Each afternoon when I am in Budapest, I cross the Danube, walking across the Elizabeth Bridge to reach the bottom of the Gellert Hill, on which since the early 20th century a statue of Saint Gellert, usually referred to in Budapest as the patron saint of commuters, because of his position above a busy junction leading to the city, stands:
I then tramp up the hill, reminding myself how good this is for me and enjoying the views:
until I reach the monument which stands at its peak:
I take no notice of this monument, which is usually surrounded by Russian tourists being lectured to by guides who, from the scraps I hear as I pass, are telling a rather sweetened version of the history of Russo-Hungarian relations to their sensitive charges. I head straight down the steps to the slopes on the other side of Gellert Hill,, which are criss-crossed by a network of different pathways and, at this time of year, radiant with 'autumn colour':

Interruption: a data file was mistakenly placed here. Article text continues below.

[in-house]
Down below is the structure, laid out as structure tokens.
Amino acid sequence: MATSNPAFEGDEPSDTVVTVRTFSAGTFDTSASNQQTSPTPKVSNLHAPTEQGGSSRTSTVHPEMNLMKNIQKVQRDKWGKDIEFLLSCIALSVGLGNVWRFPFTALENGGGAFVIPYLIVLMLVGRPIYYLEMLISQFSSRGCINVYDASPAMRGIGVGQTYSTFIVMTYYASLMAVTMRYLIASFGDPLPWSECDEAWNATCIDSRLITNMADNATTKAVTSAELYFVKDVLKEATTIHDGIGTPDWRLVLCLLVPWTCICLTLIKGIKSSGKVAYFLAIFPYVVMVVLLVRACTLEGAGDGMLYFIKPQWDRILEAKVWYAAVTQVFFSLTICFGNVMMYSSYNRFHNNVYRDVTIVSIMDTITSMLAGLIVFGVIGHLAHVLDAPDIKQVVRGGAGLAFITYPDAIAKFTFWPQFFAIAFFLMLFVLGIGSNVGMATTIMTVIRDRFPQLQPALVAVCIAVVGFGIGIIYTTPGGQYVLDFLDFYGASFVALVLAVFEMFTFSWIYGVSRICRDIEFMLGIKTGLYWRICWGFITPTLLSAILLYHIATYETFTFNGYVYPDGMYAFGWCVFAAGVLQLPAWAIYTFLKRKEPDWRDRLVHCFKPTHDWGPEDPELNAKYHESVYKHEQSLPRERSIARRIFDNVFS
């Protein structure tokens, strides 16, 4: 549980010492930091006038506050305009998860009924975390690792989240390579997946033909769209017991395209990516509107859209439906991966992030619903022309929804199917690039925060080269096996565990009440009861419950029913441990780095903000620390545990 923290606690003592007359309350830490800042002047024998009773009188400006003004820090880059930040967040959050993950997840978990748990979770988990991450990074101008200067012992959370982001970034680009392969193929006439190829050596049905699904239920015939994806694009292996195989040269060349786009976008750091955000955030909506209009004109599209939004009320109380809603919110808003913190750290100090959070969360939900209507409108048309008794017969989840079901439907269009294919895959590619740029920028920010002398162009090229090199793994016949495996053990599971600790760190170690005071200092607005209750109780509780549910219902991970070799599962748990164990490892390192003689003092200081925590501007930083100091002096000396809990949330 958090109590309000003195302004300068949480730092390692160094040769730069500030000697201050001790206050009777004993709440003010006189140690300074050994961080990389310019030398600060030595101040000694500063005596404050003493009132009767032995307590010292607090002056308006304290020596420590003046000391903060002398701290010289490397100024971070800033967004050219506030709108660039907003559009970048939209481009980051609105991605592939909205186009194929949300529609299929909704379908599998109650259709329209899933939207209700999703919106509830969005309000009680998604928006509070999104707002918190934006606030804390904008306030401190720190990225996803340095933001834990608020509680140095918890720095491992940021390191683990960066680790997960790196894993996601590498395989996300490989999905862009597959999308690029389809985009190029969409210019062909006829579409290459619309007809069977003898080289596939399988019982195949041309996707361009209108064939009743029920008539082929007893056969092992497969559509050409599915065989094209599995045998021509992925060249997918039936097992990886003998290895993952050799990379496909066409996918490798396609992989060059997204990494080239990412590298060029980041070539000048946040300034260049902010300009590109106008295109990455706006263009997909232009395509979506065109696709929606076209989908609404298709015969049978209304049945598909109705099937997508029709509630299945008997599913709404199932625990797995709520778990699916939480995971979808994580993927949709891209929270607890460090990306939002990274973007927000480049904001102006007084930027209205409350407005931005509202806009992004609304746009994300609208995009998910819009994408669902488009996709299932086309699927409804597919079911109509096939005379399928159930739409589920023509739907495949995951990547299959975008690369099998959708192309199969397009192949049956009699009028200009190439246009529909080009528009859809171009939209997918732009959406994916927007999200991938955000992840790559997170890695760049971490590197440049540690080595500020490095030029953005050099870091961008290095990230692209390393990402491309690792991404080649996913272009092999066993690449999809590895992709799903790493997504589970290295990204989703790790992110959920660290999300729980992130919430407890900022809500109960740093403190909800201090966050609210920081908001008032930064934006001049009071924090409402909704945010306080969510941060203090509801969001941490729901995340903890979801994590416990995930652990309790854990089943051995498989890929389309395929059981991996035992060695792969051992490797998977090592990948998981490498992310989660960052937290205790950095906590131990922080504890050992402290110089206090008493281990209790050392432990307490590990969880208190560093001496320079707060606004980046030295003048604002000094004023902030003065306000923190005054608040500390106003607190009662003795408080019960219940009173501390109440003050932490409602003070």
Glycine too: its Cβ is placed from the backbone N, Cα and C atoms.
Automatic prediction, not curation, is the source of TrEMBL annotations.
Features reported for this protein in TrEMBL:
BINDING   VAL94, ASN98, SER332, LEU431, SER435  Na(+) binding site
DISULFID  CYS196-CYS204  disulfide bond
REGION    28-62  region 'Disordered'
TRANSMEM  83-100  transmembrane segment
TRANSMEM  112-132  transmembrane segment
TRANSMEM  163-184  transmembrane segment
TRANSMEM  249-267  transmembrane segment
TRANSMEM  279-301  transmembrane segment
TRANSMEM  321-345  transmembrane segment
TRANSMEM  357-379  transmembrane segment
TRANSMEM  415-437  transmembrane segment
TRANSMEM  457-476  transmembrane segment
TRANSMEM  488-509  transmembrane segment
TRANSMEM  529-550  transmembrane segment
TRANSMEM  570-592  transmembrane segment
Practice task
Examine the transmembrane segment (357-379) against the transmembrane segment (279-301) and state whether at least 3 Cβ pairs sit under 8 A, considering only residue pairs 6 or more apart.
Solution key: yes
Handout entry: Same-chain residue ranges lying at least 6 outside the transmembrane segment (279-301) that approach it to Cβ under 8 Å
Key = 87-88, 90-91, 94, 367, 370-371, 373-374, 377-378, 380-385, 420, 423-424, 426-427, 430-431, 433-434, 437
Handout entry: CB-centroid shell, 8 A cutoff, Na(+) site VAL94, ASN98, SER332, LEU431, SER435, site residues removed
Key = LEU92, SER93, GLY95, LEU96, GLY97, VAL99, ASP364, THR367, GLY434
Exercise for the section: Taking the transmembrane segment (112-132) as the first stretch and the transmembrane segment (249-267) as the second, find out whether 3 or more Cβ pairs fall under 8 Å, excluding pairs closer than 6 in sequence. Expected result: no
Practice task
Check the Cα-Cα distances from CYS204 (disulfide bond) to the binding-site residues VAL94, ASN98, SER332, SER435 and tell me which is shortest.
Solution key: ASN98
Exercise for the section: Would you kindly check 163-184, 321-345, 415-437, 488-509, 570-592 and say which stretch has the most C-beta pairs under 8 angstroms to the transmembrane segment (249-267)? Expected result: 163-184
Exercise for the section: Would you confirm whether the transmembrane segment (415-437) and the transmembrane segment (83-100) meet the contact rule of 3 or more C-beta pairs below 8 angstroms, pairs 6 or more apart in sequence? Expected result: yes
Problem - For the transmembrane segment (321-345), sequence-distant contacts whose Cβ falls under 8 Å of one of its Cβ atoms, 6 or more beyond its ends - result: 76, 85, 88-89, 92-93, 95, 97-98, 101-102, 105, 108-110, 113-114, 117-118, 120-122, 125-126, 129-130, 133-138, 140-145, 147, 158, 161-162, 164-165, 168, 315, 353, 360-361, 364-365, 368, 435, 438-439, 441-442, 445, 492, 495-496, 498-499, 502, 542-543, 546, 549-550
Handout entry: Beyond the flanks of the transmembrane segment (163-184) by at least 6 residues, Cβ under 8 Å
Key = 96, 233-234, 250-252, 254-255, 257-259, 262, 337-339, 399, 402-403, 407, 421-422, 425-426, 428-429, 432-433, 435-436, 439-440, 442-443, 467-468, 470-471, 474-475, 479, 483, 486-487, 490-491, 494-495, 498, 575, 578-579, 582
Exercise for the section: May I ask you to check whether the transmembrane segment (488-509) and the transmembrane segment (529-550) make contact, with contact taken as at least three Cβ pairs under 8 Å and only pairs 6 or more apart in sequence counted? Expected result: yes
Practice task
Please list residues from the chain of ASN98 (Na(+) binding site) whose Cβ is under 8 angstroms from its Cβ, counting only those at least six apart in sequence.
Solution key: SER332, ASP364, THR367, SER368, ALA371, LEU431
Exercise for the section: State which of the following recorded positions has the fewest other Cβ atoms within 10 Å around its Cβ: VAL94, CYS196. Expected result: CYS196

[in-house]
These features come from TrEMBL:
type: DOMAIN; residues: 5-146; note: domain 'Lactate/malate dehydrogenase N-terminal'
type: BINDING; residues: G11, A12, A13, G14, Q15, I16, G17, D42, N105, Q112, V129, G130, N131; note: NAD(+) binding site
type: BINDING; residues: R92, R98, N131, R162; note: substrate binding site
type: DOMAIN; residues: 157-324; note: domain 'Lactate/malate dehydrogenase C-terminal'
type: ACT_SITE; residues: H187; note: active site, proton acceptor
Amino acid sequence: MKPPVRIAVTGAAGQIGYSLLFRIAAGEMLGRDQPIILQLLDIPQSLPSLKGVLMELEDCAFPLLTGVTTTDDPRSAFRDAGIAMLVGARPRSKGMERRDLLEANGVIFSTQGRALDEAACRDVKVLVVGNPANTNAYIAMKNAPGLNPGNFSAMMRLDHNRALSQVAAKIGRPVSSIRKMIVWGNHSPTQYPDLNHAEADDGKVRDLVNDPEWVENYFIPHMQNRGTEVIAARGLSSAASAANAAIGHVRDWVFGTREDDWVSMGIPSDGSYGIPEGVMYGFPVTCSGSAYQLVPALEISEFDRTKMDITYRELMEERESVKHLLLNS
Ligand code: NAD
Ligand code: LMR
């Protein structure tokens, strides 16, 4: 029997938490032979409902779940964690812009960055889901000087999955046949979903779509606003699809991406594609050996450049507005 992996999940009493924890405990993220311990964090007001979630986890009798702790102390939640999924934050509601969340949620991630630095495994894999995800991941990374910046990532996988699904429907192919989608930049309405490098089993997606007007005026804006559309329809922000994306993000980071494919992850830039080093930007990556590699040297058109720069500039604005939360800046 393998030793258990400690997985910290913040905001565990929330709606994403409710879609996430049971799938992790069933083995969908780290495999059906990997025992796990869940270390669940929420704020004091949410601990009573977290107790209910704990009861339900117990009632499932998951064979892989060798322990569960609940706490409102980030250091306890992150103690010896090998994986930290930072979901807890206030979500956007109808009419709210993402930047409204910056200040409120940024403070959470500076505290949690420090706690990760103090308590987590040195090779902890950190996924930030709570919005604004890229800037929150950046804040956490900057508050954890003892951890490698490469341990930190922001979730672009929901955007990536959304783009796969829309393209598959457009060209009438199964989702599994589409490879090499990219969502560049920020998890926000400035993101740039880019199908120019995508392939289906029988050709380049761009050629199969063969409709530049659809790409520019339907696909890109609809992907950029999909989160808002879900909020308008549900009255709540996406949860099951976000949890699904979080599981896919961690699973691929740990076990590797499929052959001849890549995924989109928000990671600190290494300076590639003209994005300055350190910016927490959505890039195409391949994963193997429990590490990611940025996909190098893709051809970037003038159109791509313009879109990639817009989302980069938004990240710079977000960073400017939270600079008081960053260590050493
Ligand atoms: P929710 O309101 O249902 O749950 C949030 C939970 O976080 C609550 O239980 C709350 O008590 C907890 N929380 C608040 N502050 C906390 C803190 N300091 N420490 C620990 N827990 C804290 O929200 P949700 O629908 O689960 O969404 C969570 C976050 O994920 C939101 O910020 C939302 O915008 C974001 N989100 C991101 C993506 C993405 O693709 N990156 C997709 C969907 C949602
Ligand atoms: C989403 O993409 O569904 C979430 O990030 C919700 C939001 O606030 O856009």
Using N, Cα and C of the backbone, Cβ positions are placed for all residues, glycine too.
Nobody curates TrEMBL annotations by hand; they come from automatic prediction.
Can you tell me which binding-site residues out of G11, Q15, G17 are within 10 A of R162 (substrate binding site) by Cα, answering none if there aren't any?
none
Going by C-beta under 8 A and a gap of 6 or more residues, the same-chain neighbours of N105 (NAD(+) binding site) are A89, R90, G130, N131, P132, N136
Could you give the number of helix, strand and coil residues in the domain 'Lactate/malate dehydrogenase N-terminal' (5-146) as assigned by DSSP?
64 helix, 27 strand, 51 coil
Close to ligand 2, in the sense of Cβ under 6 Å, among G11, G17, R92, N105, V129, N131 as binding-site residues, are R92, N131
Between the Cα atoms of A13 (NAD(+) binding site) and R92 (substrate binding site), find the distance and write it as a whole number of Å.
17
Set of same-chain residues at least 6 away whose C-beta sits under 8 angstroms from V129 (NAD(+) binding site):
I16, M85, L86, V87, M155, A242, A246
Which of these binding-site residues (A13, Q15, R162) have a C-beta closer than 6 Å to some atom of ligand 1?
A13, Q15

Finally, I reach my real goal - my favourite bridge, once called the Franz-Josef and now the Freedom.
It was renovated not too long ago and looks more splendid than ever, both from a distance:
and on close inspection:
I like the fact that a bird has decided it is also a good place to make a nest and raise a family (no not the one at the top, a bit lower down). Actually, I think you'll have to take my word for that as in the pictures, even though I tried hard to capture them, it's impossible to see the twigs that are so clearly visible on the spot:
I think the Freedom Bridge is one of the prettiest bridges in the world.